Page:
ENIAC Computer

At the University of Pennsylvania, physicist John Mauchly and a 24-year old electrical engineer named J. Presper Eckert proposed that the Army provide them with the resources to construct a machine that would use digital electronic impulses transmitted through vacuum tubes to perform elaborate mathematical calculations. This new device would effectively allow a long series of calculators to communicate electronically—when one completed a calculation, the result was passed along to the next almost instantaneously. In 1948 the Electronic Numerical Integrator and Computer, or ENIAC, was born.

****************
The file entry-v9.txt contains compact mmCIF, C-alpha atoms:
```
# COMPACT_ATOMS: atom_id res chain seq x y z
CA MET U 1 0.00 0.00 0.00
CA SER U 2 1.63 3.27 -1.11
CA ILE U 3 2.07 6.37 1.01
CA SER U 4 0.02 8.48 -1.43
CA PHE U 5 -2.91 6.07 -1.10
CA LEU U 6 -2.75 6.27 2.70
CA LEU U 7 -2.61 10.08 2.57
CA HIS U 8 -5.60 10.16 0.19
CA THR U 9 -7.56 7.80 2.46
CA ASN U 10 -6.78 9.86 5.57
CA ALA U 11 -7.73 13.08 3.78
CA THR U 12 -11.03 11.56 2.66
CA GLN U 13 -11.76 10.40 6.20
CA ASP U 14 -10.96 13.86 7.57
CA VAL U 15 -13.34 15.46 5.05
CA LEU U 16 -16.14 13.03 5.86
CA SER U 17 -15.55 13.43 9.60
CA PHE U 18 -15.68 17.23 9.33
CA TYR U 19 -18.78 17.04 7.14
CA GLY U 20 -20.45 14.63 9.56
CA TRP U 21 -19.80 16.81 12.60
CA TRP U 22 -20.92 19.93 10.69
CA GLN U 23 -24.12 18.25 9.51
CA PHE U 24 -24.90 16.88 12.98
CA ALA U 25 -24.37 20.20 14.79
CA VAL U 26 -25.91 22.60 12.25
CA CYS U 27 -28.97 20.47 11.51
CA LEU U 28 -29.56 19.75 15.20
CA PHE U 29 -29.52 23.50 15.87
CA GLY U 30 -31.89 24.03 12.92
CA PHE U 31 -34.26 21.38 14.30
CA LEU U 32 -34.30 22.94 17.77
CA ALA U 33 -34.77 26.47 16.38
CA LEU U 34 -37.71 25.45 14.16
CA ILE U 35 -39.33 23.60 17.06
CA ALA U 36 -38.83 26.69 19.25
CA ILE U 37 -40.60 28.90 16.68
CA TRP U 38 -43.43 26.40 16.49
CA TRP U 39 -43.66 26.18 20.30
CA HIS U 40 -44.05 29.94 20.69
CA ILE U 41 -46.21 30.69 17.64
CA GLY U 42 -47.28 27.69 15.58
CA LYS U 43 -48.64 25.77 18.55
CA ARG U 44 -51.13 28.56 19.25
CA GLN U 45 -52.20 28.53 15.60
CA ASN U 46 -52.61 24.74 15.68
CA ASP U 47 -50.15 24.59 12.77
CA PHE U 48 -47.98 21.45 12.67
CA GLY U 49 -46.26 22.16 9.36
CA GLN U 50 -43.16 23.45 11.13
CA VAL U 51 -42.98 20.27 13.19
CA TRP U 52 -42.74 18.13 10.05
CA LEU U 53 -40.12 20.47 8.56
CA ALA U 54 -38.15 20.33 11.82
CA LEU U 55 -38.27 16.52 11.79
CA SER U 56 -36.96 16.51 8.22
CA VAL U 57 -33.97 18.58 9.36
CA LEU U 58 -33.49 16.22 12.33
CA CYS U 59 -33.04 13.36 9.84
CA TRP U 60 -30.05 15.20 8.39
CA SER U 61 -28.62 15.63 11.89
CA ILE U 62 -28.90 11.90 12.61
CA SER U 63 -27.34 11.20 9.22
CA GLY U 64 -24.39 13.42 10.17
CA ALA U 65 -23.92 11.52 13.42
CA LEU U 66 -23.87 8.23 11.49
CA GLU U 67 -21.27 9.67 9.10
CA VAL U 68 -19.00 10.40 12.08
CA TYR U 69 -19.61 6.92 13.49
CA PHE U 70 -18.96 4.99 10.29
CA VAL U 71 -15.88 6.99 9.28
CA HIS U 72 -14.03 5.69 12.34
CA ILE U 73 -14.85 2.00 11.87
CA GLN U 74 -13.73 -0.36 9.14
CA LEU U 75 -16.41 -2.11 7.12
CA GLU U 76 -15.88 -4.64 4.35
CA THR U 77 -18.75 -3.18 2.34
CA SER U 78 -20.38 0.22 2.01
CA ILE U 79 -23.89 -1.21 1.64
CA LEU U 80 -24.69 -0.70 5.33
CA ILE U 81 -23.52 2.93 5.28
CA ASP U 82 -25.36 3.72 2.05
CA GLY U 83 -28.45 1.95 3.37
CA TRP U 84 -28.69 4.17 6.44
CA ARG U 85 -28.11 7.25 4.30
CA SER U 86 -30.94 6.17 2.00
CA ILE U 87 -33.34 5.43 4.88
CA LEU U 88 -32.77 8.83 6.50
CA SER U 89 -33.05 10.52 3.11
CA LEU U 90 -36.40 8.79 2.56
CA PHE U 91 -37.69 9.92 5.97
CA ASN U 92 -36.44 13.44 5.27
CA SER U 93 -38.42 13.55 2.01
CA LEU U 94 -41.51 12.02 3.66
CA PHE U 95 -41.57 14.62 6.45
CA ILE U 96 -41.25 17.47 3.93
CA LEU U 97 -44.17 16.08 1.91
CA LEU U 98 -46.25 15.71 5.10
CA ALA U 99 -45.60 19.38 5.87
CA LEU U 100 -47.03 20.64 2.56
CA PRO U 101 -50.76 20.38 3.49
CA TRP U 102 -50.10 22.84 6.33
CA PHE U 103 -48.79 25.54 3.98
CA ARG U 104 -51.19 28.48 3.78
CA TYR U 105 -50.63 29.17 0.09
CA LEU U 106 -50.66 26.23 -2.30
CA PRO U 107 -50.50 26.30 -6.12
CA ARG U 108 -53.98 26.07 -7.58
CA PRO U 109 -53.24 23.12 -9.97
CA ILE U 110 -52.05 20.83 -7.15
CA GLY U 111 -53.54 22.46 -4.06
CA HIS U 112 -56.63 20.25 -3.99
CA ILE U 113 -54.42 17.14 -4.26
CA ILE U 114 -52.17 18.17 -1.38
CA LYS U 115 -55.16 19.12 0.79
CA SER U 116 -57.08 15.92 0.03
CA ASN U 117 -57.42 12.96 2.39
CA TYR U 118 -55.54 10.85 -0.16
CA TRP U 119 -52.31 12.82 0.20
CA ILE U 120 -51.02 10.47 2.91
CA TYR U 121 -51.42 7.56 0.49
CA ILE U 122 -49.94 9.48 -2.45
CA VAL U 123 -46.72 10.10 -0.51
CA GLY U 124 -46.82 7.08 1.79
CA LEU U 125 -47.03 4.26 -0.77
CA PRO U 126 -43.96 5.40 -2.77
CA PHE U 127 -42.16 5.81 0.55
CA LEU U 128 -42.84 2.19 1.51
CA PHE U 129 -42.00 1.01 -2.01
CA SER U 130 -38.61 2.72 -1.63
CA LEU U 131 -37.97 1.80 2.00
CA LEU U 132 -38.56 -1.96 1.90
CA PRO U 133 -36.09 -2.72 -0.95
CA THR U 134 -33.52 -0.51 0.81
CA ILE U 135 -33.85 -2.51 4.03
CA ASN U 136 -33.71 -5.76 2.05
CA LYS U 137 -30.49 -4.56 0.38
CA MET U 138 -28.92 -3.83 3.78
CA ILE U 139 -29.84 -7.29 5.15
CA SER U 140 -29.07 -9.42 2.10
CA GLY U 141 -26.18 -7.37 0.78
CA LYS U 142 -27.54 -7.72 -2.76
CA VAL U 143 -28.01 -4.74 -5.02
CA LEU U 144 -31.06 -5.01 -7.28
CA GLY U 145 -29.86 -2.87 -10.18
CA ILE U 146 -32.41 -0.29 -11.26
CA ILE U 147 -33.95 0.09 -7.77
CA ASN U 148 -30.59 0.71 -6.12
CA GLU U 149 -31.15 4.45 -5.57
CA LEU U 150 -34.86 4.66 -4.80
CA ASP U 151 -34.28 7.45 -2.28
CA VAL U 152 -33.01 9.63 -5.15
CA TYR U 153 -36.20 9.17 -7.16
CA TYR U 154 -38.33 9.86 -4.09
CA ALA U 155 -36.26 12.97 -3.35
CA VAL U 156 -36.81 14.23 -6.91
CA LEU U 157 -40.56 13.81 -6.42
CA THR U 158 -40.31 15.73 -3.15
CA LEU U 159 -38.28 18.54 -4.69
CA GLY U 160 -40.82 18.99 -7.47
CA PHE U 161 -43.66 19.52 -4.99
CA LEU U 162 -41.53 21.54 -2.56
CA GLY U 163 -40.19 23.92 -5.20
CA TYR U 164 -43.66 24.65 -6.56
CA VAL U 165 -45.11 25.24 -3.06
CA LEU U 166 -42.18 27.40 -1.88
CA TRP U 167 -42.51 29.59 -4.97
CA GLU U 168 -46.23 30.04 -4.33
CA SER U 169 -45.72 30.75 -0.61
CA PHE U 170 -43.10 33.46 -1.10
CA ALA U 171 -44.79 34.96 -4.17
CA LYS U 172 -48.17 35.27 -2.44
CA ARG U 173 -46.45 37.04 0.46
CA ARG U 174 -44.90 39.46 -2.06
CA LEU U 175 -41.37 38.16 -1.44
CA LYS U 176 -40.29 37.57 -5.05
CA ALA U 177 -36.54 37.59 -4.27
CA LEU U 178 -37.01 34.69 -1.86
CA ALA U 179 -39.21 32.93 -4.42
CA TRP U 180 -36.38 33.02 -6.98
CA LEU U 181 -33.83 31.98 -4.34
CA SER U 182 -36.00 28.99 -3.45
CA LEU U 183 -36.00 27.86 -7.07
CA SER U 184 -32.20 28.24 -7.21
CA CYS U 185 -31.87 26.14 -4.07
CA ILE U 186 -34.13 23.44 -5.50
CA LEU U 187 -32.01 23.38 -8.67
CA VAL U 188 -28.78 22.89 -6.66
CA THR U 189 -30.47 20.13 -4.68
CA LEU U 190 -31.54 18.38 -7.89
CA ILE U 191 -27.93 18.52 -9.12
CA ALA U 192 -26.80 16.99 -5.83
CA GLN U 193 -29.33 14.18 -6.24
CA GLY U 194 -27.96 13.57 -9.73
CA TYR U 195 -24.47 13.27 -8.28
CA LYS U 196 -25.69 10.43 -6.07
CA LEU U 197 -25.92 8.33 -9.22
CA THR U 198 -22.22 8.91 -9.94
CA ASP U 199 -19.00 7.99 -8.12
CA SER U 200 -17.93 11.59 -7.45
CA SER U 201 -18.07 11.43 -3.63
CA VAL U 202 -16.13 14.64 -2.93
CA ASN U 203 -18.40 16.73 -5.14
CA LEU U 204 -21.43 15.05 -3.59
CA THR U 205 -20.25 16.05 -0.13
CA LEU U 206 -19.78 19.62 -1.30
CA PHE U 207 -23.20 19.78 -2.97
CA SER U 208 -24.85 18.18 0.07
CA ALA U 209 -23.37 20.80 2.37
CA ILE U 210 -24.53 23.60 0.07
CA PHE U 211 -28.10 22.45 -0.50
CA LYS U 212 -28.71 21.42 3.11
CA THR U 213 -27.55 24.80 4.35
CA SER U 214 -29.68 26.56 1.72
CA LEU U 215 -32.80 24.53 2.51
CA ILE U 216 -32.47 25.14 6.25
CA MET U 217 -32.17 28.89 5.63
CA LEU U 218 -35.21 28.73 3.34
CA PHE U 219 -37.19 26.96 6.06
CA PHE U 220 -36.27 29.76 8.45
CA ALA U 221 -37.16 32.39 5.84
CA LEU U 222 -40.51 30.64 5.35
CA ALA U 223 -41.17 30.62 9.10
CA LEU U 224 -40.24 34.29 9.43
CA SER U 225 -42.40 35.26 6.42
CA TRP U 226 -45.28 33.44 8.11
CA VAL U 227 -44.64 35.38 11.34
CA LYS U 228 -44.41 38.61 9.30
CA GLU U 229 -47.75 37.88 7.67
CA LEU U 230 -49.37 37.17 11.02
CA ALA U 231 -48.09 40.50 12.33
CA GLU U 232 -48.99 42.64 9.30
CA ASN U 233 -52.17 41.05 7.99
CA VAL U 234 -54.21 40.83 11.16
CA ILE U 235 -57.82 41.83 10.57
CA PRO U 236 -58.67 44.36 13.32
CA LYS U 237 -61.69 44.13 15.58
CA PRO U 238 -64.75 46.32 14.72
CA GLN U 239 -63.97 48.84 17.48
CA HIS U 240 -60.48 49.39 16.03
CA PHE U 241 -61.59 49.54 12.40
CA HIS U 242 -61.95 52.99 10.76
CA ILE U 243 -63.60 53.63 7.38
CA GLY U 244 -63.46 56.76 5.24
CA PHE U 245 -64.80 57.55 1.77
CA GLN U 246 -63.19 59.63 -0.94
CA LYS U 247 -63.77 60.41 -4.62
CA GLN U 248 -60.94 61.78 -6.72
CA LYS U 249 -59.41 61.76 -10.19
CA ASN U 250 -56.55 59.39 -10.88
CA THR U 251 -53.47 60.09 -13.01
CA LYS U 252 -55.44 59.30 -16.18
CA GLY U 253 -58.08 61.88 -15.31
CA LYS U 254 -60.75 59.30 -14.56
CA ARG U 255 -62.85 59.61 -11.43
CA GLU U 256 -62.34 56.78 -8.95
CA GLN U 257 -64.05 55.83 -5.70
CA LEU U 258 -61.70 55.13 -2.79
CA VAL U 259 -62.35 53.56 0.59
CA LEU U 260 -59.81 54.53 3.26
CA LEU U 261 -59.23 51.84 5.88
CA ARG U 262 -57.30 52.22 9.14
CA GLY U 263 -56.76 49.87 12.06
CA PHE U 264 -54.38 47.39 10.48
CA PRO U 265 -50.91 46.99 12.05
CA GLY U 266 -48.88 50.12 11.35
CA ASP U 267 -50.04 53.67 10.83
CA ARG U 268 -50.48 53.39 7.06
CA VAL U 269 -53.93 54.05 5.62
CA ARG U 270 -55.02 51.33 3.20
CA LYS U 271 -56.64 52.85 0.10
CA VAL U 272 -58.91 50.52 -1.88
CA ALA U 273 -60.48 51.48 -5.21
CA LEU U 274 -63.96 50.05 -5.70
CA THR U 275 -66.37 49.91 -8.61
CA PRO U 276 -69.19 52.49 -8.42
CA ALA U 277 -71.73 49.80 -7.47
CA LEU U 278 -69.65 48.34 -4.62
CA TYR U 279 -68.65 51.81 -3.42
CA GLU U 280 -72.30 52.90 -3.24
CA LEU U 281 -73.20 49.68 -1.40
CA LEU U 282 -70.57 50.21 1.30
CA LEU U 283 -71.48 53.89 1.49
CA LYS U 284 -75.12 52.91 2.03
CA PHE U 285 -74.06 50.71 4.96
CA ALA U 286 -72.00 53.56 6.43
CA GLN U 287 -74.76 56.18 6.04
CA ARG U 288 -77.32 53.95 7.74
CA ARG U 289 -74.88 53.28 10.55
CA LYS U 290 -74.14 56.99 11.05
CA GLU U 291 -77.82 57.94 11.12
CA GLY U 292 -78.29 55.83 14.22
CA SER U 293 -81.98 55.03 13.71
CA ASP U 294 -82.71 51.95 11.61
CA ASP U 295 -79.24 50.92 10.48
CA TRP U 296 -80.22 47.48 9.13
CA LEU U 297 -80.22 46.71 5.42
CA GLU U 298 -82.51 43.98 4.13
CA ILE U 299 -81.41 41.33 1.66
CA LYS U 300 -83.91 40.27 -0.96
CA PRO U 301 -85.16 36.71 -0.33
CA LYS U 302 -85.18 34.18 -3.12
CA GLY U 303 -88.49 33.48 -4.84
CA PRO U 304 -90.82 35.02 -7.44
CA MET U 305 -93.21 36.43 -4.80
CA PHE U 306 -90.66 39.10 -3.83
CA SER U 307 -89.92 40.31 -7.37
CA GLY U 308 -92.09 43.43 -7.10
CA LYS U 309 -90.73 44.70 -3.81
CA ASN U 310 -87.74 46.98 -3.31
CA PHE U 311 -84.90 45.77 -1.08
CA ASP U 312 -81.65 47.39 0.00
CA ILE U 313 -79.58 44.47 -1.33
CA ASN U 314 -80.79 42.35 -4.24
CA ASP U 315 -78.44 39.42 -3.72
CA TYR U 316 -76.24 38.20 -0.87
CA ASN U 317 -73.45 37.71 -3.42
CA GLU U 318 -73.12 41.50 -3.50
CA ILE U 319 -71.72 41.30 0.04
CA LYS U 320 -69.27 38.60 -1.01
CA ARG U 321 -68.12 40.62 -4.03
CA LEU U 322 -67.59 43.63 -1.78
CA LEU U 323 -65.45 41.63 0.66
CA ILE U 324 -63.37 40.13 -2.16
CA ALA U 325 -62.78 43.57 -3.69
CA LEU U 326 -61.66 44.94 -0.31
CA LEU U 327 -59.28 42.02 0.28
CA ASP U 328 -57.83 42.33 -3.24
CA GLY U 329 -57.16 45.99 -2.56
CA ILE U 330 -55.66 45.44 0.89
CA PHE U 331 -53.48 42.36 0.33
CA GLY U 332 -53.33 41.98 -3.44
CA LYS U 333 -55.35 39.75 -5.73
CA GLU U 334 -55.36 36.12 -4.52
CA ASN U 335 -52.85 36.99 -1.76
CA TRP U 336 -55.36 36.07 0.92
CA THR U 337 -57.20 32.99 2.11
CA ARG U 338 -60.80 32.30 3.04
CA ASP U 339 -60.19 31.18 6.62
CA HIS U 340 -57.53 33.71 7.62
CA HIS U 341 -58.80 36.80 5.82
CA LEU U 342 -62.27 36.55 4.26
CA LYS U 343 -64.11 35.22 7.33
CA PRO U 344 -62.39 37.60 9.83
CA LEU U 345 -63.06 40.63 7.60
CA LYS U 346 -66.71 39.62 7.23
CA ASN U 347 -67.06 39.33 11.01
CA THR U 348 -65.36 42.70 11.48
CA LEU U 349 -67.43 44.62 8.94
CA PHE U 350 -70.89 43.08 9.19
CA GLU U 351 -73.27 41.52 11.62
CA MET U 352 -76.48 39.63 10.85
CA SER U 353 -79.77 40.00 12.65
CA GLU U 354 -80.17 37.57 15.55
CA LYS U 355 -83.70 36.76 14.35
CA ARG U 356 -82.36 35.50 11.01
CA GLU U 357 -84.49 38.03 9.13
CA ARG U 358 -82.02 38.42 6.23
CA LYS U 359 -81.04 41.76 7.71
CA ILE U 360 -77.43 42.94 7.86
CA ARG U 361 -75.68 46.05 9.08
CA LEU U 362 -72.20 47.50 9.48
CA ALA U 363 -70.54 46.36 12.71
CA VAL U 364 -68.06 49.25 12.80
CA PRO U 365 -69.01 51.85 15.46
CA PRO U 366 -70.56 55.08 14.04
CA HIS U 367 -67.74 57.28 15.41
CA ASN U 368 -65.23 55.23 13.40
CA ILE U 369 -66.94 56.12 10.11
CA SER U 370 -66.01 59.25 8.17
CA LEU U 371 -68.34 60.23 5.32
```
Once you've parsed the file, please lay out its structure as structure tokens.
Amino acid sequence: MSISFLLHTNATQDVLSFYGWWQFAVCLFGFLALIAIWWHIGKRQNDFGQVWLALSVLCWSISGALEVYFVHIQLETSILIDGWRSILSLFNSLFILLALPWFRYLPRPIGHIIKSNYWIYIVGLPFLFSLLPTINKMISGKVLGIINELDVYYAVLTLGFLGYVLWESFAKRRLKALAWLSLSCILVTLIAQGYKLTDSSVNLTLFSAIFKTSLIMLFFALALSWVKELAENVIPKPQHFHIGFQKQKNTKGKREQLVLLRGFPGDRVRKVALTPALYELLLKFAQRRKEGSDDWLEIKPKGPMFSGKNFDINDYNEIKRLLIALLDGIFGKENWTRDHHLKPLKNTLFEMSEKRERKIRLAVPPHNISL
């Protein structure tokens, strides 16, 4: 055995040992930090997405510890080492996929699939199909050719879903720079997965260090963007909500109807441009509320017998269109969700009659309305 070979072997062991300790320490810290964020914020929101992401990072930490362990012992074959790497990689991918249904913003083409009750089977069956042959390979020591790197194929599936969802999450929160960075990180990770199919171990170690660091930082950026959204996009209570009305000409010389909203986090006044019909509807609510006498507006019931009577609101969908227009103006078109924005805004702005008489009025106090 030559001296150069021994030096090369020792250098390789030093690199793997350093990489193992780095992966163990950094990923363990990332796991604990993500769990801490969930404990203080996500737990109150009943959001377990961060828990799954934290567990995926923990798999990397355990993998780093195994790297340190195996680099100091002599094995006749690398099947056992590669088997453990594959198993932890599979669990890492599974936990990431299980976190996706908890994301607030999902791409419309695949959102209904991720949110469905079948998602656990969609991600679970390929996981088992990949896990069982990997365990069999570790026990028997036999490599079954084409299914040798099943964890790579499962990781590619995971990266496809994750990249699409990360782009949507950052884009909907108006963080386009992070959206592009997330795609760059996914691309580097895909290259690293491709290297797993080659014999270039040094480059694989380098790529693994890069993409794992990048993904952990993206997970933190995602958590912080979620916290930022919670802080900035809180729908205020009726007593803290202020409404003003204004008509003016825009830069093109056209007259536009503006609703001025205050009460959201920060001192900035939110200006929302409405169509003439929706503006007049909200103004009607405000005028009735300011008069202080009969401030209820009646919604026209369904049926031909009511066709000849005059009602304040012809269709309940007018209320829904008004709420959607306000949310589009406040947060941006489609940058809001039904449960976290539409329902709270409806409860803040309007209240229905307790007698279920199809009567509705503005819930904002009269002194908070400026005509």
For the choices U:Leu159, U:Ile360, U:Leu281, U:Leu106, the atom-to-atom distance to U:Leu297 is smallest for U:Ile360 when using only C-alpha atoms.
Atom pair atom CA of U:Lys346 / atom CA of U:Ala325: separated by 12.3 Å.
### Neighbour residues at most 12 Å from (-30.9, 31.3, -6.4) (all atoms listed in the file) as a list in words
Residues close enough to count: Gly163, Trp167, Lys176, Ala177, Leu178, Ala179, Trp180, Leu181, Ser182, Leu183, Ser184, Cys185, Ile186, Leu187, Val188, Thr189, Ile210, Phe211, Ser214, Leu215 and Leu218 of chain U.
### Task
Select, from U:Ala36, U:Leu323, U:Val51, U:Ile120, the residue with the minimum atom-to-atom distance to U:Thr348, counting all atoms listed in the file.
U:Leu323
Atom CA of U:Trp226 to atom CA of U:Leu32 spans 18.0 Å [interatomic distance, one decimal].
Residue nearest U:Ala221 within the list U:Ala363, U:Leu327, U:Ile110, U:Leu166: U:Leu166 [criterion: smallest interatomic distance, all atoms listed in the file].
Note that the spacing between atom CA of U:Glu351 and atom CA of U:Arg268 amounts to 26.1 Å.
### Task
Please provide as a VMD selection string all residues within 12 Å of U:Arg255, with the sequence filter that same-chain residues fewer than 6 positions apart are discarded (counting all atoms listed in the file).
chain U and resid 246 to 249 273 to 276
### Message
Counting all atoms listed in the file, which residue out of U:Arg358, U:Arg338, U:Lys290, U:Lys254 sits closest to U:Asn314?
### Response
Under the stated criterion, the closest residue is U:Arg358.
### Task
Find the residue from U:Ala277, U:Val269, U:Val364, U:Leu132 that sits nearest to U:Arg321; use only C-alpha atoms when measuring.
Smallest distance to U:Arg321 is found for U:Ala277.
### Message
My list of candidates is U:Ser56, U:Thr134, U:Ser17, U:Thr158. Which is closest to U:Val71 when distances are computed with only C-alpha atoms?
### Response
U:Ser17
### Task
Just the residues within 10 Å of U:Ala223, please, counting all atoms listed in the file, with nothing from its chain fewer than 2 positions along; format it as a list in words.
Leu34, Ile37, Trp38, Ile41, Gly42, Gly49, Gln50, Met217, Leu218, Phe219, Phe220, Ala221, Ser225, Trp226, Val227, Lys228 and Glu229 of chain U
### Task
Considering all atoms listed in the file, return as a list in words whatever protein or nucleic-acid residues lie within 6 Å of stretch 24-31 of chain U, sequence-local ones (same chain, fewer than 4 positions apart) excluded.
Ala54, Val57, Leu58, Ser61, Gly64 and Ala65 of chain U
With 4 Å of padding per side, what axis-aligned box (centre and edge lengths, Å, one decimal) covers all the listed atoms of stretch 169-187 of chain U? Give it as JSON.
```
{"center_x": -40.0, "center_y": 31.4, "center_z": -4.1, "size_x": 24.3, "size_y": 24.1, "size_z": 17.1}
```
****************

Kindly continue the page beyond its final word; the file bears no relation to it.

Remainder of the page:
• ENIAC in BRL building 328. Glen Beck at left; Frances Snyder Holberton at right. ENIAC contained 17,468 vacuum tubes, 7,200 crystal diodes, 1,500 relays, 70,000 resistors, 10,000 capacitors and around five million hand-soldered joints. It weighed more than 27 tons, occupied 1800 square feet of space, and consumed 150 kilowatts of power.